Incentive compatible privacy preserving data analysis


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Incentive compatible privacy preserving data analysis

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Incentive compatible privacy preserving data analysis

  1. 1. Incentive Compatible Privacy-Preserving Data Analysis ABSTRACT: In many cases, competing parties who have private data may collaboratively conduct privacy-preserving distributed data analysis (PPDA) tasks to learn beneficial data models or analysis results. Most often, the competing parties have different incentives. Although certain PPDA techniques guarantee that nothing other than the final analysis result is revealed, it is impossible to verify whether participating parties are truthful about their private input data. Unless proper incentives are set, current PPDA techniques cannot prevent participating parties from modifying their private inputs. This raises the question of how to design incentive compatible privacy-preserving data analysis techniques that motivate participating parties to provide truthful inputs. In this paper, we first develop key theorems, then base on these theorems, we analyze certain important privacy- preserving data analysis tasks that could be conducted in a way that telling the truth is the best choice for any participating party. EXISTING SYSTEM: PRIVACY and security, particularly maintaining confidentiality of data, have become a challenging issue with advances in information and communication
  2. 2. technology. The ability to communicate and share data has many benefits, and the idea of an omniscient data source carries great value to research and building accurate data analysis models. For example, for credit card companies to build more comprehensive and accurate fraud detection system, credit card transaction data from various companies may be needed to generate better data analysis models. DISADVANTAGES OF EXISTING SYSTEM: To our knowledge, all the existing techniques assume that each participating party use its true data during the distributed data mining protocol execution. PROPOSED SYSTEM: In this paper, we analyze what types of distributed functionalities could be implemented in an incentive compatible fashion. In other words, we explore which functionalities can be implemented in a way that participating parties have the incentive to provide their true private inputs upon engaging in the corresponding SMC protocols. In this paper, we assume that the number of malicious or dishonest participating parties can be at most n _ 1, where n is the number of parties. This assumption is very general since most existing works in the area of privacy-preserving data analysis assume either all participating parties are honest (or semi-honest) or the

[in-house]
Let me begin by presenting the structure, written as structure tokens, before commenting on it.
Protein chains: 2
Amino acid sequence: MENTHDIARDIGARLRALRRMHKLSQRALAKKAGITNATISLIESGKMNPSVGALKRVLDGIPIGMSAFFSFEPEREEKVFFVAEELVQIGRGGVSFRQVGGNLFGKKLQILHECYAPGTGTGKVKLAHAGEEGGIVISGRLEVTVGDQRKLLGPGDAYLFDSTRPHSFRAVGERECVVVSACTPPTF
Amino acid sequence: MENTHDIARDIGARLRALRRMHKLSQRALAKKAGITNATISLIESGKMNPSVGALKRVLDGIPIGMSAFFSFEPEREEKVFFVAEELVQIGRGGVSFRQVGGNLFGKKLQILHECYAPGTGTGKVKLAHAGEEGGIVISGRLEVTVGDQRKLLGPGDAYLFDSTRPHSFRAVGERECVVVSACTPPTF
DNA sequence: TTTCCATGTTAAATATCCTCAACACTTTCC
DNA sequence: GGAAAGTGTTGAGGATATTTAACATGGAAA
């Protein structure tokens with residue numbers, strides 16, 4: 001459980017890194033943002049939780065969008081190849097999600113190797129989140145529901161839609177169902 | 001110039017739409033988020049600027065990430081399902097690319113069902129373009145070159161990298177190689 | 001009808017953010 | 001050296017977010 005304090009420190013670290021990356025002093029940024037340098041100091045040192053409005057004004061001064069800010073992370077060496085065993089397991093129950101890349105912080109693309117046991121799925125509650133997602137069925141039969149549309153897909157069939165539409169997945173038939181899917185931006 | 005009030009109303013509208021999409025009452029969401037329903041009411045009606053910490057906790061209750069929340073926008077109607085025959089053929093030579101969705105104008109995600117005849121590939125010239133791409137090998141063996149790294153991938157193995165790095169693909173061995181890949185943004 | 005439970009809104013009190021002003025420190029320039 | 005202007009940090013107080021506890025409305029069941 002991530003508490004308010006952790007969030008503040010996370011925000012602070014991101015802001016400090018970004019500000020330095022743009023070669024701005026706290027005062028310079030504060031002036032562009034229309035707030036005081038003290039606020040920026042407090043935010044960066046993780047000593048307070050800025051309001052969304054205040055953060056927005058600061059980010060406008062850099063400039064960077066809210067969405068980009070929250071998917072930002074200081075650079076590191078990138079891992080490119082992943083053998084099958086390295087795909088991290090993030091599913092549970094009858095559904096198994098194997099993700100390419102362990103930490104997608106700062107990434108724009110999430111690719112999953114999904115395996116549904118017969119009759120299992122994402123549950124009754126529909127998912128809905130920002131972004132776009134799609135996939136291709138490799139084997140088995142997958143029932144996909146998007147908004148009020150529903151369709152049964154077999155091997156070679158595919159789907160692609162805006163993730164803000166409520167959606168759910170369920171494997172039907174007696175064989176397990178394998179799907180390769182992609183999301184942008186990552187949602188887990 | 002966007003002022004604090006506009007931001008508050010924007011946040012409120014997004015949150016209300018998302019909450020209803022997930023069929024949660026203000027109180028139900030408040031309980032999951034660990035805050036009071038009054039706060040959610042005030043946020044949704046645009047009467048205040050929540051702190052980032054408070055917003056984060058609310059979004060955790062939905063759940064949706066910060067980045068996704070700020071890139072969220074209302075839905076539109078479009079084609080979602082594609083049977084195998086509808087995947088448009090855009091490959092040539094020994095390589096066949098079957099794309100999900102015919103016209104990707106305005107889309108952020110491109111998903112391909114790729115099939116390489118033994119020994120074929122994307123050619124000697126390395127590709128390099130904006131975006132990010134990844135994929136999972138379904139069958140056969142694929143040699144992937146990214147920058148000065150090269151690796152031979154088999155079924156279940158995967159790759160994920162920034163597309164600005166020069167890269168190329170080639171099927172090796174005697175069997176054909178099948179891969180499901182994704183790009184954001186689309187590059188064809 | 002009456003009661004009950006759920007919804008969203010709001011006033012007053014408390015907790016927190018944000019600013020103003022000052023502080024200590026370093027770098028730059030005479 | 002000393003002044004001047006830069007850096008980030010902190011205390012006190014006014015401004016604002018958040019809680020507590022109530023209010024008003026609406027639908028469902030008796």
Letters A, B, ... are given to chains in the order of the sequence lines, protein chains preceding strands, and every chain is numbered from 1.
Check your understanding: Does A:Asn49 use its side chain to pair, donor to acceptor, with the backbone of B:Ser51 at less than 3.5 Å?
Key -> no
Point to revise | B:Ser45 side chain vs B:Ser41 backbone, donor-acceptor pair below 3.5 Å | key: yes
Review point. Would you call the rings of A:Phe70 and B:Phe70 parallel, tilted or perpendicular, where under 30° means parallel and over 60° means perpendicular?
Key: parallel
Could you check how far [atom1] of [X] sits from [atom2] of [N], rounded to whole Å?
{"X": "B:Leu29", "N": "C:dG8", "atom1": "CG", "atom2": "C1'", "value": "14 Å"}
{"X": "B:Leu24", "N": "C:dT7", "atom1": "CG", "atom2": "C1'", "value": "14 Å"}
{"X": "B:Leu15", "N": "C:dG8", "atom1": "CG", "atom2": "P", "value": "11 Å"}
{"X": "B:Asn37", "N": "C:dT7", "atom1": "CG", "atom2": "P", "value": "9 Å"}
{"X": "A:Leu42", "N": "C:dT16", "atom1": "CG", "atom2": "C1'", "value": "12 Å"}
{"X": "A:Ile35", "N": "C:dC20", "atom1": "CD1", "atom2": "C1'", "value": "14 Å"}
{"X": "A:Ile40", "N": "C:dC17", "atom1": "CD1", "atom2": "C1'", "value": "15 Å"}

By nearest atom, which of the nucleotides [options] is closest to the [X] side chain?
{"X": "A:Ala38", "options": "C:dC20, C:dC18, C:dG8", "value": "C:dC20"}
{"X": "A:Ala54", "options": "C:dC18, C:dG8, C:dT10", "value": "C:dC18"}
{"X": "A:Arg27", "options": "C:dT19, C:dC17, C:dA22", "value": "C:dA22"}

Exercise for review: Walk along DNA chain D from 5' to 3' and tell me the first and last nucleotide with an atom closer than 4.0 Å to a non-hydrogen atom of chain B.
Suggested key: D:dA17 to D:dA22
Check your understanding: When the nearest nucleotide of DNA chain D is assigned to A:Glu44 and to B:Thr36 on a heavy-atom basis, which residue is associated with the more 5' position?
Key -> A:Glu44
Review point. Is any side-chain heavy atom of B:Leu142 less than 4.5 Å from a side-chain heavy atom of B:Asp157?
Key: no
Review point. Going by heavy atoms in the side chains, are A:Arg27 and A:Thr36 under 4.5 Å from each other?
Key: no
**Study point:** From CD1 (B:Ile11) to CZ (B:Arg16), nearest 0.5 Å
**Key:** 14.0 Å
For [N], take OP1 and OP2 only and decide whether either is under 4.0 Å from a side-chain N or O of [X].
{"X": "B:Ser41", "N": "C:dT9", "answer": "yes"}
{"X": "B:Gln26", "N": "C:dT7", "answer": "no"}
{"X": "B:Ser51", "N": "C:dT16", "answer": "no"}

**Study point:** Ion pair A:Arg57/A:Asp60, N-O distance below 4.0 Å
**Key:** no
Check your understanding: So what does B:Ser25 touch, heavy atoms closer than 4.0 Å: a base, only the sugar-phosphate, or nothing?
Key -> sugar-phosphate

3. 3. majority of participating parties are honest. Thus, we extend the non-cooperative computation definitions to incorporate cases where there are multiple dishonest parties. In addition, we show that from incentive compatibility point of view, most data analysis tasks need to be analyzed only for two party cases. ADVANTAGES OF PROPOSED SYSTEM: Privacy preserving data analysis tasks SYSTEM CONFIGURATION:- HARDWARE CONFIGURATION:-  Processor - Pentium –IV  Speed - 1.1 Ghz  RAM - 256 MB(min)  Hard Disk - 20 GB  Key Board - Standard Windows Keyboard  Mouse - Two or Three Button Mouse  Monitor - SVGA
  4. 4. SOFTWARE CONFIGURATION:-  Operating System : Windows XP  Programming Language : JAVA/J2EE.  Java Version : JDK 1.6 & above.  Database : MYSQL REFERENCE: Murat Kantarcioglu and Wei Jiang, “Incentive Compatible Privacy-Preserving Data Analysis”, IEEE TRANSACTIONS ON KNOWLEDGE AND DATA ENGINEERING, VOL. 25, NO. 6, JUNE 2013.